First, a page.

Michelle Roccia is VP of Engagement at Winter Wyman, a leadign staffign and recruiting firm, and talks to us about how to create a good company culture. Winter Wyman has lots of great engagement initiatives, and helps companies hire top talent every day.
Jacob: Hello everyone, I’m Jacob Shriar, Growth Manager at Officevibe and today I’m joined by Michelle Roccia who is Executive VP of Employee Engagement at WinterWyman, a staffing agency. So, Michelle, thanks so much for taking some time to chat with me and welcome.
Michelle: Thank you, good to be here.
Jacob: Great, so first let’s just jump right into it. Tell us a little bit more about WinterWyman, what you guys do, maybe just a bit of background, if that’s okay.
Michelle: Sure, WinterWyman, we’re located right outside of Boston. We have have a Boston office and we’re located in Waltham is our headquarters, Massachusetts. We’ve been around for over 40 years in the staffing business, staffing industry. We place folks on both the permanent side or search side, direct hires, as well as on the contract side. The disciplines that we focus on are technology, accounting and finance, and human resources. So, on both sides. The search and the contract side.
Jacob: Great, thanks for that. So, obviously you deal with employment all day long so you probably get employee engagement and what both job seekers should be doing and looking for, what companies should potentially be looking for, so we’re going to go into detail about all that stuff but I guess before we start talking about what everyone else should be looking for, let’s talk a bit about the culture at WinterWyman itself. Tell me a bit more about what it’s like to work there, what the culture’s like there and go into as much detail as you’d like.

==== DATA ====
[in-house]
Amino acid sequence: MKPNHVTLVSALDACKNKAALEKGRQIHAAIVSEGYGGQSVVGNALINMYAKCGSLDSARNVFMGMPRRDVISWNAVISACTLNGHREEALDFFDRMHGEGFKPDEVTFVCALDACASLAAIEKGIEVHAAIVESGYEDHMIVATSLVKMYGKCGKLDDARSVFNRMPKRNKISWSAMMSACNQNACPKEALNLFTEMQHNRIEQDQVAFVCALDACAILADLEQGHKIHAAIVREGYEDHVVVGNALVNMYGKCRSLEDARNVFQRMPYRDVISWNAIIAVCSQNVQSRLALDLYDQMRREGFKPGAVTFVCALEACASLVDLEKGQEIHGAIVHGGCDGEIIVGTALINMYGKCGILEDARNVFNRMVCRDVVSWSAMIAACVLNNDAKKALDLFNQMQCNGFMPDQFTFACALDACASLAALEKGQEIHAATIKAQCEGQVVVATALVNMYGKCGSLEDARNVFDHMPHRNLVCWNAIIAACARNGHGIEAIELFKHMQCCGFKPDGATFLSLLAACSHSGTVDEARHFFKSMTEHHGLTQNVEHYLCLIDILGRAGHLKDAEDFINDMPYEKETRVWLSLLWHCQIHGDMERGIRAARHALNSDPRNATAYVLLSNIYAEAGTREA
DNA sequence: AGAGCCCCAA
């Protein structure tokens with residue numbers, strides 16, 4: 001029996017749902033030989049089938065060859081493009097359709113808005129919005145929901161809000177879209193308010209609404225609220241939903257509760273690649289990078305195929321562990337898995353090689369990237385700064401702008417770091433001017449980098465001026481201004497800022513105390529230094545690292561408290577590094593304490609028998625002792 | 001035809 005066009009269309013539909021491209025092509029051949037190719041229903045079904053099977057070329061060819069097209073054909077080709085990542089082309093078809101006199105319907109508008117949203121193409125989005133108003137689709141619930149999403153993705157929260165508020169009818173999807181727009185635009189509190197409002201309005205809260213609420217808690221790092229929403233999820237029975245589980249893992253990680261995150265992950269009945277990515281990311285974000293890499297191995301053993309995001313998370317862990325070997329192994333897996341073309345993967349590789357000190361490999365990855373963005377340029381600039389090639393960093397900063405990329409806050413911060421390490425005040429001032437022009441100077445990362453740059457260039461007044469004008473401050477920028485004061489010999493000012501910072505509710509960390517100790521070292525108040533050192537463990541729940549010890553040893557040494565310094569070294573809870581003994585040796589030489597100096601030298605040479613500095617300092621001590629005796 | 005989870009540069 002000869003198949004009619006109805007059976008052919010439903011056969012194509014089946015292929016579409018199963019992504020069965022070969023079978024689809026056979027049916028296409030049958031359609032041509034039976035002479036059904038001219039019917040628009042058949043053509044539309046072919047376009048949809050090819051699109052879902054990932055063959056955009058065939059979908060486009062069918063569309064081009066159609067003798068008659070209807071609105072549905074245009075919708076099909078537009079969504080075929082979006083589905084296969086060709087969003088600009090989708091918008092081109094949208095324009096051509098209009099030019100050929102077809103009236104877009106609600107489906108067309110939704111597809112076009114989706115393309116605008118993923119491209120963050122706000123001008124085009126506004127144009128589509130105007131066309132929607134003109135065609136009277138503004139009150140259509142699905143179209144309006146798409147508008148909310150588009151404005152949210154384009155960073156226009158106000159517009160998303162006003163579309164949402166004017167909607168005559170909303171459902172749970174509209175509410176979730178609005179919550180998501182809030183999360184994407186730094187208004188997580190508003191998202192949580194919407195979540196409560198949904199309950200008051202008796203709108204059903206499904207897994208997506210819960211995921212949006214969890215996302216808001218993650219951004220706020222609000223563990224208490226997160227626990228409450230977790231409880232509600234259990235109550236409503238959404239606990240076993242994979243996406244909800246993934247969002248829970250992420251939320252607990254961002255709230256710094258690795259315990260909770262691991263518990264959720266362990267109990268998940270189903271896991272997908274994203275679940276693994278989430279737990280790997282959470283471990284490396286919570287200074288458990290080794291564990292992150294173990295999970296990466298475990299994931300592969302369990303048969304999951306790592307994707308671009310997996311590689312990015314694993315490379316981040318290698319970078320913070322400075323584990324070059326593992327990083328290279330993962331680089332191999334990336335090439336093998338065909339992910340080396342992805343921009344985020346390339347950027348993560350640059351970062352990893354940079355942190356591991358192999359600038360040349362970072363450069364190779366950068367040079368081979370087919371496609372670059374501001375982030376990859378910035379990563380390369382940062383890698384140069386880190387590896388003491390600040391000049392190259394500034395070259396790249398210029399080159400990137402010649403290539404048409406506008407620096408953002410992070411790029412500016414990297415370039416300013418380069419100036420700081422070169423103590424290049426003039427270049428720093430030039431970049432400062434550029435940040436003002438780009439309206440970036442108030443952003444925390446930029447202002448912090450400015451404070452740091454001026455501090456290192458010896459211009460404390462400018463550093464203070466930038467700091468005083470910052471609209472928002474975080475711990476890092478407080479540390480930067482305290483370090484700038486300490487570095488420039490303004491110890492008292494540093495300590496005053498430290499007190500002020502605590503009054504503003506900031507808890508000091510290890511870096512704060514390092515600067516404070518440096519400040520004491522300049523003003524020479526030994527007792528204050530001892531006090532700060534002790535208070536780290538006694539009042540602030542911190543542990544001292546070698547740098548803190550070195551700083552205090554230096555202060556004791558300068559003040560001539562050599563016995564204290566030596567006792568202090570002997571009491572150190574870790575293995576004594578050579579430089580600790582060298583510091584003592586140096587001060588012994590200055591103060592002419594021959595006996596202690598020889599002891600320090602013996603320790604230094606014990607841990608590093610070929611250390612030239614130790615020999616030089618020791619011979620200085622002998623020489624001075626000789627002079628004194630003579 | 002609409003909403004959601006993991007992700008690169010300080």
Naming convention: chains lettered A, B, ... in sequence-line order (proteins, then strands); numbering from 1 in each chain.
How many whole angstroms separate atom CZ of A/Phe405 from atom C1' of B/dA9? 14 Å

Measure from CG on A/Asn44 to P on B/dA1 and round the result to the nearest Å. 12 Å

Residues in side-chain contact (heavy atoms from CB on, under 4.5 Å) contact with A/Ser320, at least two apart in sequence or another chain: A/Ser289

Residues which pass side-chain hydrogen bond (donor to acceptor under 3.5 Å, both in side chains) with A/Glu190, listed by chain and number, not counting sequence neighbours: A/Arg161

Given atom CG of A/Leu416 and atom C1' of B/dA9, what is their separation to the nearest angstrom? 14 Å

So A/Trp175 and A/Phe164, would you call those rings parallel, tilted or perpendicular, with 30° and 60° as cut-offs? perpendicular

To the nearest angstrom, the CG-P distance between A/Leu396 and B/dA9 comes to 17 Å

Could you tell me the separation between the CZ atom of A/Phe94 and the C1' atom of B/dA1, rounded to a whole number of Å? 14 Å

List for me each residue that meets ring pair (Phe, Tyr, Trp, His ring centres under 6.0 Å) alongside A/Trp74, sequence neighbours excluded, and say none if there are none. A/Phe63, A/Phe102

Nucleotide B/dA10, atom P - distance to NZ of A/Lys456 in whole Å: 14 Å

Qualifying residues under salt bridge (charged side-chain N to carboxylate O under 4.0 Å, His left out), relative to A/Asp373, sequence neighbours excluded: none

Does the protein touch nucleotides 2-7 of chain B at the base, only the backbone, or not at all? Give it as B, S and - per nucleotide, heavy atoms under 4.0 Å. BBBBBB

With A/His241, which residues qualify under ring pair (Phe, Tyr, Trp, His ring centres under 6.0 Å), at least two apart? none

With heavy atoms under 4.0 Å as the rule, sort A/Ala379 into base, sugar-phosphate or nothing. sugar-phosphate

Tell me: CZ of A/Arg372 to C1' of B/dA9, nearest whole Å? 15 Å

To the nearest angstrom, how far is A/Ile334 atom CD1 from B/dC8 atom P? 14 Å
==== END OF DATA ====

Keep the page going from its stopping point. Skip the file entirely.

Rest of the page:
Michelle: Sure, I’d be happy to. I love to talk about WinterWyman. It’s a great culture here. Like I said, we’ve been around for 42 years which is unusual for a staffing firm and what I love about WinterWyman, and I was a client of WinterWyman’s for over 20 years before I joined them six and a half years ago.
One of the things that you’ll here our clients and candidates say about us is the consistency. We have employees that have been here, some of them, for 20 something, 30 years which is unusual that high retention rate in the staffing industry. We have a nice mixture now of what we call veterans, folks that have been here for a long time, as well as newer employees. Some new college grads, a couple of years out, you know, just out of school. So we have a nice range of employees. We are focused from the top down, up, down, sideways, on employee engagement.
That’s a relatively new term but it is something that we’ve been doing for, I would say, for the 40 years we’ve been in business. But really about that, employee engagement being the discretionary effort that employees give versus employees just being satisfied. We really do care about employees and employees get that when they interview with us and then when they become part of our family. It really is a WinterWyman family. We take care of each other. It’s great to work here. I mean, we’re really focused on not only employee engagement but also the developmental learning and development of our employees.
You don’t get a degree in staffing so a lot of college folks don’t necessarily know what staffing is but it’s a sales role. So whether it’s from the client’s side or the candidate’s side, it really is a sales role. So we have commission based sales people and it’s a tough business, too, because you are dealing with people and to some degree it’s a matchmaking business. You’re matching the clients and the candidate.